In fact, it is making it more difficult for them.
This is clearly revealed through Data Guy’s consolidated picture of print book sales (only) in 2015 and 2016. In fact, the year-to-year change over those two years showed that the percentage of sales delivered through B&N, Walmart/Target, and “other” (smaller chains, airport stores, non-bookstores) all fell. The celebrated independent bookstores held their own, at a pretty paltry 6 percent of the sales.
But Amazon increased its share substantially, from 38 percent of the print units to 42 percent.
So if the original point to the agency strategy was to reduce the power of Amazon, it isn’t working. (This is the case even though “modified agency”, created by the negotiations mandated by the courts after the DoJ sued, restored some discounting capability to the retailers.) And if the assumption was that increased print sales meant a rise in the power of brick-and-mortar retailing, that is being debunked by the data as well.
Data Guy provides more detail that seems to explain how this happened. Starting from May to September of 2015 and continuing for many months thereafter, Amazon changed its strategy to discount print books more aggressively, using the promotional pricing margin they had been dedicating to increasing ebook share to instead increase print book share. (And this was after the courts had forced the publishers to allow some ebook discounting. Amazon had adjusted its thinking about what was in its own best interests.) Meanwhile, natural forces — a superior ebook ecosystem, a slew of indie- and Amazon-published titles their competitors don’t have, and the power of being the dominant online bookseller — protected their ebook share quite well in an environment where price competition among the majors was eliminated.
So what appears to have happened is that the publishers’ strategy freed Amazon to turn its attention, expressed as discounting off the list price, to increasing print share. They have done that successfully. The independents have held their own, but at a paltry percentage of the total sales. Everybody else has lost actual unit sales and share.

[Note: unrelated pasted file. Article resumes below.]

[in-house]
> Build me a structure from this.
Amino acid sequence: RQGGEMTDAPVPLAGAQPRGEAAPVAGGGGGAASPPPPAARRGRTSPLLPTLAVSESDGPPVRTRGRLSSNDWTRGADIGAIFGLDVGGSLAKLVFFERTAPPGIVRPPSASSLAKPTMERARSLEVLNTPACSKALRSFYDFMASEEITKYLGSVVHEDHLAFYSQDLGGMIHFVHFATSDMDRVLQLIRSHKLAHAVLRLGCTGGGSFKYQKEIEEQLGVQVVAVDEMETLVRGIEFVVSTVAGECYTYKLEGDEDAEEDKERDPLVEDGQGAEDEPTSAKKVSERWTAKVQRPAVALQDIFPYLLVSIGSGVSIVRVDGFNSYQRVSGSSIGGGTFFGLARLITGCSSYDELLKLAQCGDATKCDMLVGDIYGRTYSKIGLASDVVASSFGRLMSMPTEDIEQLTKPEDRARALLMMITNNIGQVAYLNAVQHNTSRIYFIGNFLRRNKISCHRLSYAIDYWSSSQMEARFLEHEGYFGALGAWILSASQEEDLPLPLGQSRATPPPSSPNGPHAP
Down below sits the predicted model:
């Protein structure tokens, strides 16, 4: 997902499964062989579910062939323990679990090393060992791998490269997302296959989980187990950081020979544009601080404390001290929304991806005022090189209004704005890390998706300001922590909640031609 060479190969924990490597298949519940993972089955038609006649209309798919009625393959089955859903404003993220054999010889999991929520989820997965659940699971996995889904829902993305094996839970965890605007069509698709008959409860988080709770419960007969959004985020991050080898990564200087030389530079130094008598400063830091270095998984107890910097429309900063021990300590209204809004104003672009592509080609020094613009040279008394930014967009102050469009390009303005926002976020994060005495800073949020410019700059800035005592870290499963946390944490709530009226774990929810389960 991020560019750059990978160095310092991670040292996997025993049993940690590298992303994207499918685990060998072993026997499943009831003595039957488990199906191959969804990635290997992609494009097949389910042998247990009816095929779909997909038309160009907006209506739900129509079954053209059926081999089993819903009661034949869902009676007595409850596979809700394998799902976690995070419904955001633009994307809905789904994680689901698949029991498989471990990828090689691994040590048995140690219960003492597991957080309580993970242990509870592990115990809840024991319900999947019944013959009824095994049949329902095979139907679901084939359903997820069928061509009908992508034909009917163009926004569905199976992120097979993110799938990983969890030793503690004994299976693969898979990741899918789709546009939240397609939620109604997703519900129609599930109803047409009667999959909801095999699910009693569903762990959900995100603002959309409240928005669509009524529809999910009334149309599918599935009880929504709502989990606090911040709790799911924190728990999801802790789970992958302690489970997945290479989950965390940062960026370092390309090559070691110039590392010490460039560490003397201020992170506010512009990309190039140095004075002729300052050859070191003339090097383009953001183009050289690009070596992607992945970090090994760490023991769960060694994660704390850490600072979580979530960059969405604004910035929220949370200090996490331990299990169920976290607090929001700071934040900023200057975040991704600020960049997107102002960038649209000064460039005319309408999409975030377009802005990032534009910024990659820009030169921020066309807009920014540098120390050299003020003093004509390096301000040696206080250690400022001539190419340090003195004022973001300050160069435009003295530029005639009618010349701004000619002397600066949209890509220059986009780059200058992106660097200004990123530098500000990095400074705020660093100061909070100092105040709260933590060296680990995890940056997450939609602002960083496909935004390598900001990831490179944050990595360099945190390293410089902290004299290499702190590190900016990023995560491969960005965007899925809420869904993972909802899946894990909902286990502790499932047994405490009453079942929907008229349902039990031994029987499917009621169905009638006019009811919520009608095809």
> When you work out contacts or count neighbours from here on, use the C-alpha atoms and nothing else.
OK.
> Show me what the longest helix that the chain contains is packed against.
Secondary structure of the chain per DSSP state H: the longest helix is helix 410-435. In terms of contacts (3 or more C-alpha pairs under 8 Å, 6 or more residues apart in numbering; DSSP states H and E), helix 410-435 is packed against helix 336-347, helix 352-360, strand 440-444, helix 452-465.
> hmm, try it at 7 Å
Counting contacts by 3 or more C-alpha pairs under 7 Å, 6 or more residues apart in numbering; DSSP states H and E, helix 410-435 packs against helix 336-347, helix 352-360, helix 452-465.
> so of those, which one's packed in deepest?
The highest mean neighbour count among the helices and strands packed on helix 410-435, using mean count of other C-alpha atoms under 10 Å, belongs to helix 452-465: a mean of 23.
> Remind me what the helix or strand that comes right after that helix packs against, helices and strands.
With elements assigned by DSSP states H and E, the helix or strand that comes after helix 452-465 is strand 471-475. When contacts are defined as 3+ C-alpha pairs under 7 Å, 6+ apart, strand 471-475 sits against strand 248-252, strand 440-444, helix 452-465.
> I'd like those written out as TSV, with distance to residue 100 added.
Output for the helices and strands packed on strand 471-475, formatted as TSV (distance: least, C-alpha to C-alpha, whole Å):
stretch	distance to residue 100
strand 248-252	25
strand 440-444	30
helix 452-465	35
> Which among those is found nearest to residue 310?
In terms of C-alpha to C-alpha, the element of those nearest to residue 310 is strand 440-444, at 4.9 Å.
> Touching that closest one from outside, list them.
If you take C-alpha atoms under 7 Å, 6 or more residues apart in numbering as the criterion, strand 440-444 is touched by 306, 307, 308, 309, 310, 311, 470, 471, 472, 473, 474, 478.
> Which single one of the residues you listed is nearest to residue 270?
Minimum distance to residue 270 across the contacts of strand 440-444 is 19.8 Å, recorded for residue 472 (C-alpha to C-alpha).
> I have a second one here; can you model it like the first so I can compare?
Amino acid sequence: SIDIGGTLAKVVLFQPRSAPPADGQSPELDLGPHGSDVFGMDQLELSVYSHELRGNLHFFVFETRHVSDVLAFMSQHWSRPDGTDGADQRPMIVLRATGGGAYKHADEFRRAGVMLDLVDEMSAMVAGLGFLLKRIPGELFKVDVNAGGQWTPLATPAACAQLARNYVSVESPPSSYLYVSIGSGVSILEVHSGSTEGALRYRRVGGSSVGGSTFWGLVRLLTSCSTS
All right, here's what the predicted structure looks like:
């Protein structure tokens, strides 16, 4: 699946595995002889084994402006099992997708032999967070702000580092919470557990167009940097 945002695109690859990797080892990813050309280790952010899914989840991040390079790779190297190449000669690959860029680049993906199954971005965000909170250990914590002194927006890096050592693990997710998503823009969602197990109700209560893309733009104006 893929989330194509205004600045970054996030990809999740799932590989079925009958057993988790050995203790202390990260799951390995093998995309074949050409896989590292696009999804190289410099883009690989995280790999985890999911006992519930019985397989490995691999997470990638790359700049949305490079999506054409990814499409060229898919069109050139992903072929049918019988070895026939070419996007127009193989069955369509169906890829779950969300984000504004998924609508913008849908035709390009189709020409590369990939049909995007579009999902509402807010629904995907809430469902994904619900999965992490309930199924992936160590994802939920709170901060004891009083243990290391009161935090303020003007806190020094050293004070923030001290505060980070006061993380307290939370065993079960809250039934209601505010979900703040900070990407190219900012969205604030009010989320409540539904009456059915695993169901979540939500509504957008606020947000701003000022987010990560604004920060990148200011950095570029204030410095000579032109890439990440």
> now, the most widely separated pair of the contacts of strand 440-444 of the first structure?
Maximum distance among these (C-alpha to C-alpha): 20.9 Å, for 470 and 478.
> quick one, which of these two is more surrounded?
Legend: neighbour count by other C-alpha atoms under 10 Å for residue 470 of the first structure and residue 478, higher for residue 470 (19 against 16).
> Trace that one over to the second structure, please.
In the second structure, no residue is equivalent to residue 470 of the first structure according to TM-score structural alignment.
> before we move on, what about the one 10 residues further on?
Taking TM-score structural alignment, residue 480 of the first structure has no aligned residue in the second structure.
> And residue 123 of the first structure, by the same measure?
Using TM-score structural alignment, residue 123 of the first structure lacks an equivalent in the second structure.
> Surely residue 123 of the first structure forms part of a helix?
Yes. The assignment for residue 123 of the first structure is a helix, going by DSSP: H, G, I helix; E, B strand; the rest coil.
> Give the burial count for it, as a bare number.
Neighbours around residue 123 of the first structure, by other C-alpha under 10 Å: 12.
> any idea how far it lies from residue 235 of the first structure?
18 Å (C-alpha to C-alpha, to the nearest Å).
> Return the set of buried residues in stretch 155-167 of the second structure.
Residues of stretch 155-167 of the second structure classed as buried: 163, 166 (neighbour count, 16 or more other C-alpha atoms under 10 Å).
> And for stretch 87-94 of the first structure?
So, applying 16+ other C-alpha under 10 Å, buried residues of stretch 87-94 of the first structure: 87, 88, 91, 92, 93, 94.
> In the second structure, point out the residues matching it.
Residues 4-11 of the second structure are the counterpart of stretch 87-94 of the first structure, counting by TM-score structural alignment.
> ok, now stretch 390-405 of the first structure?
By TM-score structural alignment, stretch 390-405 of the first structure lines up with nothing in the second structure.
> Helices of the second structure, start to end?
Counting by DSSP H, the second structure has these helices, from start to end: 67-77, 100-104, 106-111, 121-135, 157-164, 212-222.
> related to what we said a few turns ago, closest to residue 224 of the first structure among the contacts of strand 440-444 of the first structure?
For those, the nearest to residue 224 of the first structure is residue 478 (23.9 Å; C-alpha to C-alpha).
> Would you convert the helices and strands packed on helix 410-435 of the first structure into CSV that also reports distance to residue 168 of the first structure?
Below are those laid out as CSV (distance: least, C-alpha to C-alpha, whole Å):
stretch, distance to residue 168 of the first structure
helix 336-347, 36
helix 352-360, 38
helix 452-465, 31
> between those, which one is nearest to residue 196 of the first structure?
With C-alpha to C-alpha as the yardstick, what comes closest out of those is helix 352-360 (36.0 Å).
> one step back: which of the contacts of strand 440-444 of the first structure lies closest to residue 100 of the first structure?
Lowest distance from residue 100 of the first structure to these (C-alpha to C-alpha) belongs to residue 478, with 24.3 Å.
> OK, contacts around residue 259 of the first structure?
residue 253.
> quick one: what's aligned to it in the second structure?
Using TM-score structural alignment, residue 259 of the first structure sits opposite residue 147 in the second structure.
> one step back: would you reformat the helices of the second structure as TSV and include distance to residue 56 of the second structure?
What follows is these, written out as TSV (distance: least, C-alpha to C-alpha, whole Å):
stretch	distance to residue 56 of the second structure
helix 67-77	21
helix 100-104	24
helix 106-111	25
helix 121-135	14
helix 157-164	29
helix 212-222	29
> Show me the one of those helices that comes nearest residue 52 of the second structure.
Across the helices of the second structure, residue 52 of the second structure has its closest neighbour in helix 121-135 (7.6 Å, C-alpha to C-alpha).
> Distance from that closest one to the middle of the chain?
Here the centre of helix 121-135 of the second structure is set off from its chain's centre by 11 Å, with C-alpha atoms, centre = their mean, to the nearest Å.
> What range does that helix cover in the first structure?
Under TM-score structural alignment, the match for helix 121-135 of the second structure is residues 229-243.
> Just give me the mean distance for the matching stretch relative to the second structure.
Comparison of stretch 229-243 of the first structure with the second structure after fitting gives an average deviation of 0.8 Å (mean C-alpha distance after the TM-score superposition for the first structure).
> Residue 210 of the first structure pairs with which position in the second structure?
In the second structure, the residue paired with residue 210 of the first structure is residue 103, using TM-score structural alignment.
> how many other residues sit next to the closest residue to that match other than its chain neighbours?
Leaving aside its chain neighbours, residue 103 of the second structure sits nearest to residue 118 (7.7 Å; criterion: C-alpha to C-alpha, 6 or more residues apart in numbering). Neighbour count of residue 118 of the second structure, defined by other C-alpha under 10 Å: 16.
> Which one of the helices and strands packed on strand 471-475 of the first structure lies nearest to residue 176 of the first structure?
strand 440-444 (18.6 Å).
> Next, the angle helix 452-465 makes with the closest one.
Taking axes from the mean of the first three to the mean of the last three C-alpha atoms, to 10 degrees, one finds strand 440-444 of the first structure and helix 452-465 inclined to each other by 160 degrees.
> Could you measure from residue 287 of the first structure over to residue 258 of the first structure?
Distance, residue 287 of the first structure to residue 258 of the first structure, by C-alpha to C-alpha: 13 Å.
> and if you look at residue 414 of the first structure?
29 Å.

It is an incredible irony that the publishers had a strategy to hobble Amazon: stop ebook discounting. The courts found that unpalatable, so the publishers were forced to relent a bit. But, Amazon effectively said “no, thank you, we’re okay with what you did originally” and changed tactics to create a different pressure point.
We now live in a world where 69 percent (shout it out: SIXTY-NINE PERCENT) of book sales — print, digital, and audio — are online and only 31% in brick-and-mortar stores. For kids books, fiction and non-fiction, that’s a bit under half. For adult books, fiction and non-fiction, that’s about three-quarters!
Almost exactly five years ago, a Shatzkin Files post speculated that Amazon’s share was growing relentlessly and I, at least, didn’t see what would stop it. Five years later, the picture is the same.
Agency pricing didn’t reduce Amazon’s power and share; it increased it. Having failed to restrain Amazon, publishers need to accept that the most critical thing they have to do is succeed with Amazon: figure out how to sell books through them more efficiently and effectively. And it would be good to focus on that before the big Amazon store build out that could very well be coming next.